If Taylor’s arguments lack support, it should not be surprising. Taylor wants to argue “a fundamental shift” in “naive understanding” but likewise desires an abandonment of contemporary theory. Unfortunately, Taylor frequently attempts to utilize the authority of several European early modern and modern theoriticians, including Kant, Rousseau, Wittgenstein, Foucault, etc. The end result of which is masticated political theory, circular logic, and a self-defeating rationale. How can one after all, understand the “naive,” if that is in fact what it is to be called, if it a) no longer exits and b) the theoretical basis that might allow for at least the conception of such a notion is rejected? Taylor is “ trying to capture the level of understanding prior to philosophical puzzlement,“ as paradoxically articulated in this very modern and rational way. The attempt to balance the reality of this paradox only serves to further confound his own argument.

Perhaps the most ironic aspect of this text is that Taylor admits that his attempt to “understand” this shift will be constrained to the “modern West.” Certainly, this is at least consistent with the theories upon which he unwillingly draws, but given the nature of his presuppositions, what does this say about those civilizations which may or may not conform to the “set of forms and changes” that characterize “Latin Christiendom” and which have, according to Taylor, produced the magnanimous “self-sufficient humanism”? What kind of moral (and political) absolutism does this imply?

I have no doubt that Taylor is a well-respected man in his profession, and that he has made important contributions to his professional community. This text however, is not one of them. It is more closely related to a bad memoir than a scholarly masterpiece. ( )
4 vote jaymediane | Sep 27, 2008 |
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Amazon.com Product Description (ISBN 0674026764, Hardcover)

What does it mean to say that we live in a secular age? Almost everyone would agree that we--in the West, at least--largely do. And clearly the place of religion in our societies has changed profoundly in the last few centuries. In what will be a defining book for our time, Charles Taylor takes up the question of what these changes mean--of what, precisely, happens when a society in which it is virtually impossible not to believe in God becomes one in which faith, even for the staunchest believer, is only one human possibility among others.

Taylor, long one of our most insightful thinkers on such questions, offers a historical perspective. He examines the development in "Western Christendom" of those aspects of modernity which we call secular. What he describes is in fact not a single, continuous transformation, but a series of new departures, in which earlier forms of religious life have been dissolved or destabilized and new ones have been created. As we see here, today's secular world is characterized not by an absence of religion--although in some societies religious belief and practice have markedly declined--but rather by the continuing multiplication of new options, religious, spiritual, and anti-religious, which individuals and groups seize on in order to make sense of their lives and give shape to their spiritual aspirations.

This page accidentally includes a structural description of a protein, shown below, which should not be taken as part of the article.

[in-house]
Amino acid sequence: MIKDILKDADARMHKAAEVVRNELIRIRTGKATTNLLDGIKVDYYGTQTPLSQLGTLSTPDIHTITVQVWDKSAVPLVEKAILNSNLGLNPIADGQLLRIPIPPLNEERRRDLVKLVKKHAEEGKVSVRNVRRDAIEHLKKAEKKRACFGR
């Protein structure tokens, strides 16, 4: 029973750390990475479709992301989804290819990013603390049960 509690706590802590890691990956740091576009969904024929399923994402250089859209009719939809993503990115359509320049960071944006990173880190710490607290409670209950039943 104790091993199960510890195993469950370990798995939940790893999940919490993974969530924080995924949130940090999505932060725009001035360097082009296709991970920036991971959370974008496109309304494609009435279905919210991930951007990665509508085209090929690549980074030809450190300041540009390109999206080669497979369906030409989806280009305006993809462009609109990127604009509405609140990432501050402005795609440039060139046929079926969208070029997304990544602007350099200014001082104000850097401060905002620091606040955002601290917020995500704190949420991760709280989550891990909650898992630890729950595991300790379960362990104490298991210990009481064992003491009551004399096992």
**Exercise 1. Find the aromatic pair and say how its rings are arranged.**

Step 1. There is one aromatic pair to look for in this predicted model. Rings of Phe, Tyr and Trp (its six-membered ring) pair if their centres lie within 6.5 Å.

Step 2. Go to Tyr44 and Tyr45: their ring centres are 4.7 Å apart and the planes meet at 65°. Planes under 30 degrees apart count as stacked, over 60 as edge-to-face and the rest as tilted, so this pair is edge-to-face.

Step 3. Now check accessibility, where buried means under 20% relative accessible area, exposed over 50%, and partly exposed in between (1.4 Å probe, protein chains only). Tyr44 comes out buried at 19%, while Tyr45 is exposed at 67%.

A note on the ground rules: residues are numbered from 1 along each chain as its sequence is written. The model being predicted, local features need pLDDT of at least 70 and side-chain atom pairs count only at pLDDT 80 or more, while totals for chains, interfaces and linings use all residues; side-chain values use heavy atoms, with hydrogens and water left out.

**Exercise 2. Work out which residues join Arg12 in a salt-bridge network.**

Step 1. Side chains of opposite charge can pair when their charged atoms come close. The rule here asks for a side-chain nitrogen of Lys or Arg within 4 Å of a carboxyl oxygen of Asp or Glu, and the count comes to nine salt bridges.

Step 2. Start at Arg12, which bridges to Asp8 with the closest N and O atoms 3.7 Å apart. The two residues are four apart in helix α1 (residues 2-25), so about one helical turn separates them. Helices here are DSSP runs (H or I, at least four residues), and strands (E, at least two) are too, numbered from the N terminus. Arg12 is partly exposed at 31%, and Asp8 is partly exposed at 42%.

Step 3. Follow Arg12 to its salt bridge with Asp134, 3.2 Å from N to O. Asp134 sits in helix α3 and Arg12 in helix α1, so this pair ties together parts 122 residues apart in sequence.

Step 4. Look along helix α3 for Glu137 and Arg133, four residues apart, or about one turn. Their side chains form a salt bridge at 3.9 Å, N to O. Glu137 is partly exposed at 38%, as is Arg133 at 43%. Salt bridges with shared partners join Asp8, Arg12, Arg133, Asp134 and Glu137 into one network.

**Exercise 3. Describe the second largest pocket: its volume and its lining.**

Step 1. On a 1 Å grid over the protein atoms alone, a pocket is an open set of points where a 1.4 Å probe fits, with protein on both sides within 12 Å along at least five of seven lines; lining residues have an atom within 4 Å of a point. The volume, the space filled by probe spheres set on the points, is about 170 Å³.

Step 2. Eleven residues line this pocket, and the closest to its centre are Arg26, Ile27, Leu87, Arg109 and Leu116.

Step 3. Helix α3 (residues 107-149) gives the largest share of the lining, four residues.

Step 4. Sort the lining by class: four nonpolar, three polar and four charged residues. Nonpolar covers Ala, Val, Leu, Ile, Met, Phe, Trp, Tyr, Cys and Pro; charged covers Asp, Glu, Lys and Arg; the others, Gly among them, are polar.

What this means for the world--including the new forms of collective religious life it encourages, with their tendency to a mass mobilization that breeds violence--is what Charles Taylor grapples with, in a book as timely as it is timeless.

(retrieved from Amazon Mon, 30 Sep 2013 13:41:16 -0400)

"What does it mean to say that we live in a secular age? Almost everyone would agree that we - in the West, at least - largely do. And clearly the place of religion in our societies has changed profoundly in the last few centuries. Charles Taylor takes up the question of what these changes mean - of what, precisely, happens when a society in which it is virtually impossible not to believe in God becomes one in which faith, even for the staunchest believer, is only one human possibility among others." "Taylor offers a historical perspective. He examines the development in "Western Christendom" of those aspects of modernity which we call secular. What he describes is in fact not a single, continuous transformation, but a series of new departures, in which earlier forms of religious life have been dissolved or destabilized and new ones have been created." "What this means for the world - including the new forms of collective religious life it encourages, with their tendency to a mass mobilization that breeds violence - is what Charles Taylor grapples with, in a book as timely as it is timeless."--BOOK JACKET.… (more)